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How the Washington Redskins Can Improve Offense with Two-Tight End Packages

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How the Washington Redskins Can Improve Offense with Two-Tight End Packages
Cary Edmondson-USA TODAY Sports

The two-tight end set is fast becoming a feature of the Washington Redskins offense. Coordinator Kyle Shanahan is using the package to get the running game on track and increase the efficiency of the passing game.

Shanahan is frequently altering the alignment of his two tight ends to create different looks and favorable matchups. One of his favorite ploys has been to stack both tight ends together on the same side, forming an unbalanced offensive line.

The overload created by the stacked tight ends got the running game on track against the Oakland Raiders in Week 4.

In the first example, the Redskins had moved to the Raiders' 12-yard line deep into the third quarter and faced a 1st-and-10.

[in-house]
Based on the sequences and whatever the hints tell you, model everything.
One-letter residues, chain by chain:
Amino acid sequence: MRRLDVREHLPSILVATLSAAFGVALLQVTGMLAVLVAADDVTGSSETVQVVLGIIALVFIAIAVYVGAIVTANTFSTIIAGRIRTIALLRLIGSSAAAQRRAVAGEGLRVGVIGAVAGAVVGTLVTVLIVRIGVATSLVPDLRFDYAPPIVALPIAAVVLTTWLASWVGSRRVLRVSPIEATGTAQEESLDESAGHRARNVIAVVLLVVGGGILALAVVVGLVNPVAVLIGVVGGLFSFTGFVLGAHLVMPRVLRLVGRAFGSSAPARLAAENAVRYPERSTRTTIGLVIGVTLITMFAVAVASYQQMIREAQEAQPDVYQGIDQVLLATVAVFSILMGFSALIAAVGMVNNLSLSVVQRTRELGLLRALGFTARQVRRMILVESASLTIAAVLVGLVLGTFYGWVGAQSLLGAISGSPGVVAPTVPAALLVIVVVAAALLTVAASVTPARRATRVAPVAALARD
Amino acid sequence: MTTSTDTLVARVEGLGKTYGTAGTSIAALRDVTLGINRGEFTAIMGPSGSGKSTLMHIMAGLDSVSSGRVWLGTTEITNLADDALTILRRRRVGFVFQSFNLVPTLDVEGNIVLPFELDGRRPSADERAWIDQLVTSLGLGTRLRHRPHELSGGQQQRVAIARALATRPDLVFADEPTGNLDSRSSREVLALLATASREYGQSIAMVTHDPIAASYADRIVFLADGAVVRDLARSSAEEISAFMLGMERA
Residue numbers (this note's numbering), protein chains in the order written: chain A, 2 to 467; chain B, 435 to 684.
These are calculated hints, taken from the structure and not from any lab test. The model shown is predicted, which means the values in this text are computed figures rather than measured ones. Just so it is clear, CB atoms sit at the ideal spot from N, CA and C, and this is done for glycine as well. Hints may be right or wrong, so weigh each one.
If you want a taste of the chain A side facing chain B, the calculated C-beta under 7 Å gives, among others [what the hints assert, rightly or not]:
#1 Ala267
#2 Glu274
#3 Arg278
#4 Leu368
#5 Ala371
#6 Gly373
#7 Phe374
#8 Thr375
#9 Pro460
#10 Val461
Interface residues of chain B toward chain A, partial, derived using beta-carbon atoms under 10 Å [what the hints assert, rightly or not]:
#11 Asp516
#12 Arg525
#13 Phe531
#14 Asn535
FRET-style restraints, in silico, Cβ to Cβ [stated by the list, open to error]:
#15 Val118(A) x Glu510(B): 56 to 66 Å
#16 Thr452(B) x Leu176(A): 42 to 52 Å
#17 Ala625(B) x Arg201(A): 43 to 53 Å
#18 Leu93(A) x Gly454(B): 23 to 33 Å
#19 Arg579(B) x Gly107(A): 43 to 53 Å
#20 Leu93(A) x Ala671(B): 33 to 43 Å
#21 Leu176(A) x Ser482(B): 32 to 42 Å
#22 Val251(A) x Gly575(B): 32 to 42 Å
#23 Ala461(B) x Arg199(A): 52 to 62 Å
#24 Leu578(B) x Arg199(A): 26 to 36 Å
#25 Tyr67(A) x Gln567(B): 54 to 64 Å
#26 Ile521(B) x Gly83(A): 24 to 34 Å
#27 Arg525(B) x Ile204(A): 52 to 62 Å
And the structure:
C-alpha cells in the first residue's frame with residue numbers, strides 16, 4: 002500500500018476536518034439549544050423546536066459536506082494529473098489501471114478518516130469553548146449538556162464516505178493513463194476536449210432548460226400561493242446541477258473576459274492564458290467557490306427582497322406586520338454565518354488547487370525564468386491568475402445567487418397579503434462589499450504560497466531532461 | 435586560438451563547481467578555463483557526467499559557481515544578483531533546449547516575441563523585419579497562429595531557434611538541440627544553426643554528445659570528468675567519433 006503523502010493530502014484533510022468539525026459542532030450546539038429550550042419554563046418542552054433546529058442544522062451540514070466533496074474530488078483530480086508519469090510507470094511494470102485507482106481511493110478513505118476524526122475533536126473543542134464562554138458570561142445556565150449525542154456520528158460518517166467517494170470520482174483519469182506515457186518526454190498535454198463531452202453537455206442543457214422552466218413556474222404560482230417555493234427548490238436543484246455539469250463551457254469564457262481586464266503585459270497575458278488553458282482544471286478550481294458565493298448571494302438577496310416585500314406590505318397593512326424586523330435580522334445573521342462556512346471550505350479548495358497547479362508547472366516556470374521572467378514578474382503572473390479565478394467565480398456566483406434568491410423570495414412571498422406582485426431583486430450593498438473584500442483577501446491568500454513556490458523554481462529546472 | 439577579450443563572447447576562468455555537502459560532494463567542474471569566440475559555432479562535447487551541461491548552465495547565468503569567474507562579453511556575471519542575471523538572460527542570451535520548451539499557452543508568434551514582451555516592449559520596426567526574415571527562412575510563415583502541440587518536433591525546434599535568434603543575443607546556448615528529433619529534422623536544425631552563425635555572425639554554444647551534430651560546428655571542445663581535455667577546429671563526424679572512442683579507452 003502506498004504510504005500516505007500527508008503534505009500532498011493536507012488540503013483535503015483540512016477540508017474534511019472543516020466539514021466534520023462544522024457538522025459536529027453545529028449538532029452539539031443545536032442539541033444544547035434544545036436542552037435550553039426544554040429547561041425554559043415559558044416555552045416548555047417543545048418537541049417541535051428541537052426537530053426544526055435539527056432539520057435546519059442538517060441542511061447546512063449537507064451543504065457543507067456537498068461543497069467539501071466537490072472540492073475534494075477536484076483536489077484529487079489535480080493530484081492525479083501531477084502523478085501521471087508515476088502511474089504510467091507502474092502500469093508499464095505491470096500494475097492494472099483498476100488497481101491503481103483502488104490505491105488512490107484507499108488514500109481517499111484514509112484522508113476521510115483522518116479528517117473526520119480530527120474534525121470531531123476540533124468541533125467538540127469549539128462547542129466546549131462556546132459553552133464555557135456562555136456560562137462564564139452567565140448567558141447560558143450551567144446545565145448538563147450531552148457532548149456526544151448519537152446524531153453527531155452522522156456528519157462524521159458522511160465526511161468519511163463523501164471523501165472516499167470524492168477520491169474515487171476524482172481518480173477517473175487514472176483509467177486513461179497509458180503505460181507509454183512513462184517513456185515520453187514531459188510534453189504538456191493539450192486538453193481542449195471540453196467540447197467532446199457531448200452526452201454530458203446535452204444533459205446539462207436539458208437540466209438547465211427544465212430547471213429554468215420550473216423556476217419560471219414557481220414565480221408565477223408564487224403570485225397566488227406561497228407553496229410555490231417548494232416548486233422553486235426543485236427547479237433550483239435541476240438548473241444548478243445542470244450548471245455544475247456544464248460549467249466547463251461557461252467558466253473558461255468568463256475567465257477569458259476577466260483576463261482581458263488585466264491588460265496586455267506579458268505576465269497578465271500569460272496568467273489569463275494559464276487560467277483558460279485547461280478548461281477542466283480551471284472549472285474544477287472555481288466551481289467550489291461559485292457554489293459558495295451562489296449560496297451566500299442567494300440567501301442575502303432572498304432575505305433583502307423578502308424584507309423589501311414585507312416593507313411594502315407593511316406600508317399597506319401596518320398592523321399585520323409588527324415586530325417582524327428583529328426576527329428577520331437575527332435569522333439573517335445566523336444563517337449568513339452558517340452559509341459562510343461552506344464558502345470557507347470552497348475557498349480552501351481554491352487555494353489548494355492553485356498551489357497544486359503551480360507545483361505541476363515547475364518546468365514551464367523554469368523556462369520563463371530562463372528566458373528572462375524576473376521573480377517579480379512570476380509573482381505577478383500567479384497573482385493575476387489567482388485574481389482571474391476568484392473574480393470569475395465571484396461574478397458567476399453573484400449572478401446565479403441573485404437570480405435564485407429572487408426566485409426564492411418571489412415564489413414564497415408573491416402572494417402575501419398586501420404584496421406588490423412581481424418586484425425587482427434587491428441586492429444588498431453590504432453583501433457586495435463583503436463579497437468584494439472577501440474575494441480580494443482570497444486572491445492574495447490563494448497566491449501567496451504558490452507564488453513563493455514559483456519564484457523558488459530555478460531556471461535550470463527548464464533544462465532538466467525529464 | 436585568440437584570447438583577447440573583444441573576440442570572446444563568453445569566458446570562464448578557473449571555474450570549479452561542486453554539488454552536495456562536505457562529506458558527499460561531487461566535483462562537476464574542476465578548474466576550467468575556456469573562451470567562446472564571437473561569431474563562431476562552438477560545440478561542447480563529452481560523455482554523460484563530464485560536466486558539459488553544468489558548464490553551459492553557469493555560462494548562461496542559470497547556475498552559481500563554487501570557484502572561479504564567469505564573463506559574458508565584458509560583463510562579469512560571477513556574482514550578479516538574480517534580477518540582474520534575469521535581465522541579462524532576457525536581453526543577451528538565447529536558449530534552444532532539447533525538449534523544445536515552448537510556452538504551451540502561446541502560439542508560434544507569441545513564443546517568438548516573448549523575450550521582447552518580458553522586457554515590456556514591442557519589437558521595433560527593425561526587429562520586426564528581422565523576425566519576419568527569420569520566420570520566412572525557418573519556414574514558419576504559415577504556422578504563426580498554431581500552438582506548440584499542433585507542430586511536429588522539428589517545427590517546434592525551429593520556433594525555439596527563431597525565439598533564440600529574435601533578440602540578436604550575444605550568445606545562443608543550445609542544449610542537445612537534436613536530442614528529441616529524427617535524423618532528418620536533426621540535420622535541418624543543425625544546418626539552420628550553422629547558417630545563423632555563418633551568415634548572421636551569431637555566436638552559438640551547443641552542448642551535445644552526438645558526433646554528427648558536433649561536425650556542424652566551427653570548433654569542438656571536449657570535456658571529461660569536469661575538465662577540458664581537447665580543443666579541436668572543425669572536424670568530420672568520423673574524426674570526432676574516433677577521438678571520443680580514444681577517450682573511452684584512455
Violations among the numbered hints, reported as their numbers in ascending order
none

Shanahan aligned both Niles Paul and Logan Paulsen on the right side of the offensive front as in-line blockers.

The Redskins use two tight ends to create an overloaded line.

They would attack the linebacker level of Oakland's 4-3 under front. Paul would seal the edge by blocking strong-side linebacker Kevin Burnett (just off the picture in this shot, but stacked on the end of the line.)

How the two tight ends would create a cutback lane for Morris.

Paulsen would initially crash down to help right tackle Tyler Polumbus block the defensive end before releasing to block middle 'backer Nick Roach (No. 53).

Once Paul and Paulsen had collapsed the edge, Polumbus and guard Chris Chester were able to double-team the defensive end. This formed a natural cutback lane for Morris.

The two tight ends collapsed the edge, allowing a double-team inside, opening an obvious cutback alley.

He gained nine yards, and Washington would score its first offensive touchdown of the day just two plays later.

Early in the fourth quarter, facing a first down at the Oakland 47, Shanahan used his tight ends in a different alignment to help spring Roy Helu Jr.

He again put them on the right side but had Paulsen in a flex position, just off the line. Paul was outside him, lined up as a slot receiver.

The Redskins put both tight ends in the slot.

They again attacked the edge of the Raiders front. Paulsen (No. 82) blocked the defensive end, while Paul took on the outside linebacker covering him in the slot.

Paulsen and Paul prepare to block backside defenders.